There are plenty of altcoins that offer the same value proposition as Bitcoin, including Ripple crypto and Litecoin. Their goal is to facilitate digital transactions without relying on third-party intermediaries, such as banks and payment providers. However, Bitcoin is the only cryptocurrency that has been titled “digital gold.”
In terms of the asset class, no altcoin has yet to achieve the same success as Bitcoin. But some have been gaining traction over the past year. For instance, Ethereum boasts an over-600% growth over the last 52-week period. It’s also at the top of the investor watchlist as what will possibly be the next big cryptocurrency after Bitcoin.
What caused the rise of Bitcoin?
The major points in Bitcoin's evolution and development were marked by increased mainstream interest. In 2013, the infamous Bitcoin bubble was caused by its sudden popularity in the Chinese market. And in 2018, the second bubble resulted from Tether's (USDT)’s release, which made BTC trading feel less risky for new investors.
Many people still had doubts about putting real-life fiat money into digital currency with no tangible value. Tether is a stable coin, which means that each USDT is pegged to a corresponding asset valued at 1 USD. It made cryptocurrency trading feel like a smaller risk because investors could exchange BTC for USDT to measure against the volatile market. Naturally, it became a catalyst for people to take the plunge into the world of cryptocurrency.
What was the original price of bitcoin?
The first Bitcoin transaction was 2 Papa John’s pizzas for 10,000 BTC. It started the BTC trading revolution, which prompted people to trade tokens with no clear value. When Bitcoin made it to the exchanges in July 2010, it traded anywhere between $0.0008 to $0.08.
Will Bitcoin prices keep going up?
Despite seeing a $10,000 drop-in price over the past 2 weeks, experts are still optimistic about Bitcoin’s possible rally to $100,000 by the latter half of the year.
Will Bitcoin reach 100k in 2021?
A good number of analysts believe that there’s a high probability for Bitcoin to reach $100,000 sometime in 2021–most likely within 3 to 8 months. This prediction is based on the stock-to-flow modelling ratio, which measures the total BTC supply against the amount produced.
Bitcoin does a regular halving system wherein the BTC reward given to miners is halved every 4 years. In 2020, the block reward was reduced to 6.25 BTC. That means a smaller number of tokens can be “produced,” lowering the available supply and giving Bitcoin the leverage it needs to increase in value. That’s coupled with the corporate interest for BTC investments that boomed in late 2020.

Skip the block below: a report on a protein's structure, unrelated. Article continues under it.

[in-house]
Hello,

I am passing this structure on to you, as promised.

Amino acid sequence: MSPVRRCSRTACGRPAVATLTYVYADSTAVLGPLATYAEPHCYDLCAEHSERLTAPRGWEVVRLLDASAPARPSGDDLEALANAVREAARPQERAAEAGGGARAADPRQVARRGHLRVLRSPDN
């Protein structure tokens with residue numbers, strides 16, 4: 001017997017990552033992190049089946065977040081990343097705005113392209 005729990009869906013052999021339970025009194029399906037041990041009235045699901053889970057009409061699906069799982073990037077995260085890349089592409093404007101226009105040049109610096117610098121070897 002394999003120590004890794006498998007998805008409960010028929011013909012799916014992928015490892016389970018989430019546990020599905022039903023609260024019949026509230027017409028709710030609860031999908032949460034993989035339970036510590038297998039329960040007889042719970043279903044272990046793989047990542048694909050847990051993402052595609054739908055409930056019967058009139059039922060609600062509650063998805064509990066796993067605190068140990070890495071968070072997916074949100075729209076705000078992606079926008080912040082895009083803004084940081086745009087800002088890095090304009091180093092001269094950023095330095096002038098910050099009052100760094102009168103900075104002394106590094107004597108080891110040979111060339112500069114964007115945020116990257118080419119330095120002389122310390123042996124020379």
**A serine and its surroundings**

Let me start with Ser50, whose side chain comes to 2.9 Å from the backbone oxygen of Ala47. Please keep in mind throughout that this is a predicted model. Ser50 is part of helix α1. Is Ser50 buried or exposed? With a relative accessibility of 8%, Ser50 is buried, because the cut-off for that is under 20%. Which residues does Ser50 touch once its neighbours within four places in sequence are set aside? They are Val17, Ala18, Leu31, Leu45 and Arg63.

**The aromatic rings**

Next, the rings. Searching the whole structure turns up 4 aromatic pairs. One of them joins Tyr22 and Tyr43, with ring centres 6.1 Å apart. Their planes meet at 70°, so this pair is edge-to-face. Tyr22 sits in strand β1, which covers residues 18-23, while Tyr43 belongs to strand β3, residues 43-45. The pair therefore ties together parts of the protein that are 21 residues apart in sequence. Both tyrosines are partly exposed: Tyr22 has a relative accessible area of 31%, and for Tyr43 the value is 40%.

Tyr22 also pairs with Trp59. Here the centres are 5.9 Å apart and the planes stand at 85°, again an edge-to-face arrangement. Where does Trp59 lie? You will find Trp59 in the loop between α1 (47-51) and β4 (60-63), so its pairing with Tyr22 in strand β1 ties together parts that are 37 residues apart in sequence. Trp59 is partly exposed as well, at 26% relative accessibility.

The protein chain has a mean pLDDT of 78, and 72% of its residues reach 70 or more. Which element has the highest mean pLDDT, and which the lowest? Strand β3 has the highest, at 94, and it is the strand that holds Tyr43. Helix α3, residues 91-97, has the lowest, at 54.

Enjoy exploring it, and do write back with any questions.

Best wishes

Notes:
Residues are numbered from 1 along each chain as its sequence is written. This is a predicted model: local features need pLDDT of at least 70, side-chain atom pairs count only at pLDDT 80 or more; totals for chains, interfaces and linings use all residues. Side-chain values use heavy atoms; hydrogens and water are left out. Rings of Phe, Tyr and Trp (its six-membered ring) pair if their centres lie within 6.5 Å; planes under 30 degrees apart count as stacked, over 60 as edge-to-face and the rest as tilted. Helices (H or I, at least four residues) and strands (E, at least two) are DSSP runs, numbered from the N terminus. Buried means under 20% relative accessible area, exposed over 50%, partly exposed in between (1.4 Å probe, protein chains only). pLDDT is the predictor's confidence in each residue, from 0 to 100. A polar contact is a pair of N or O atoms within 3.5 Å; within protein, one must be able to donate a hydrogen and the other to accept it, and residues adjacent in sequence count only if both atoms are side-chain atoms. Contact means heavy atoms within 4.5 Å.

Should I invest in Bitcoin?
Due to the positive Bitcoin price forecast over the next year, it’s advisable to invest in BTC–but only for the long-term. The market is extremely volatile, so massive price fluctuations are expected. These often tempt novice investors to panic sell despite only holding BTC for a short period.
Will Bitcoin exist in 15 years?
While 18 out of the 21 million total supply of BTCs have been mined, Bitcoin’s 4-year halving system will prevent the supply from completely running out until the year 2140. That allows miners to mine BTC for 119 more years.
However, by then, the cryptocurrency landscape–and the world–would have drastically changed. Technology will likely not be the same as how it is now. Naturally, blockchains and consumers would adapt to technology’s evolution and won’t be caught up trying to make 100-year-old processes work. As we can see from the evolution of BTC, there’s no real worry about the its disappearing or running out soon and in the distant future.
Does Bitcoin have a future?
Multiple factors can affect Bitcoin’s future, including:
Cryptocurrency acceptance among governments worldwide
The coin’s ability to attract investors both big and small
Increased mainstream interest in cryptocurrency
Bitcoin’s ability to retain the #1 spot on the market and in people’s minds, despite not solving its scalability issue
At the moment, the world is divided by their polar opinions about cryptocurrency. While some countries, such as Venezuela and Japan, have embraced digital tokens, others, such as Pakistan and Saudi Arabia, are still not sold on the idea of a new era of digital currency. Any major government bans, especially across bigger nations, will greatly affect Bitcoin and other cryptocurrencies’ future.
Bitcoin will also have to either solve its scalability issue or maintain its position as “digital gold”–the next big thing that has lured both big and small investors. While Bitcoin is banking on its “brand” to stay relevant, other altcoins back blockchains that develop innovative and large-scale projects that offer more value to consumers. Bitcoin’s challenge is to remain in the #1 spot despite increasingly scalable competition.
Who is developing Bitcoin?
Because the identity of Satoshi Nakamoto, Bitcoin’s founder, remains unknown, the platform relies on a huge developer base to make improvements on its open-source network. Anyone–even independent developers–can edit Bitcoin’s code or submit a Bitcoin Improvement Proposal (BIP), and the community must first approve it.
There’s a standard format for sending in a BIP, which will then be reviewed by BTC miners. Once they reach a significant majority consensus of 95%, developments can be rolled out. However, the community also has massive power in making decisions on Bitcoin’s future, as a community rally can overrule any unfavorable decisions made by the 95% miner consensus.
Unlike most altcoins, Bitcoin isn’t backed by a single company, making it harder for the platform to roll out major developments at a fast pace. But because it has amassed a passionate community–including companies that were established specifically for developing Bitcoin–and investor interest through its brand name, Bitcoin is still able to secure major partnerships. A recent success is its Paypal integration.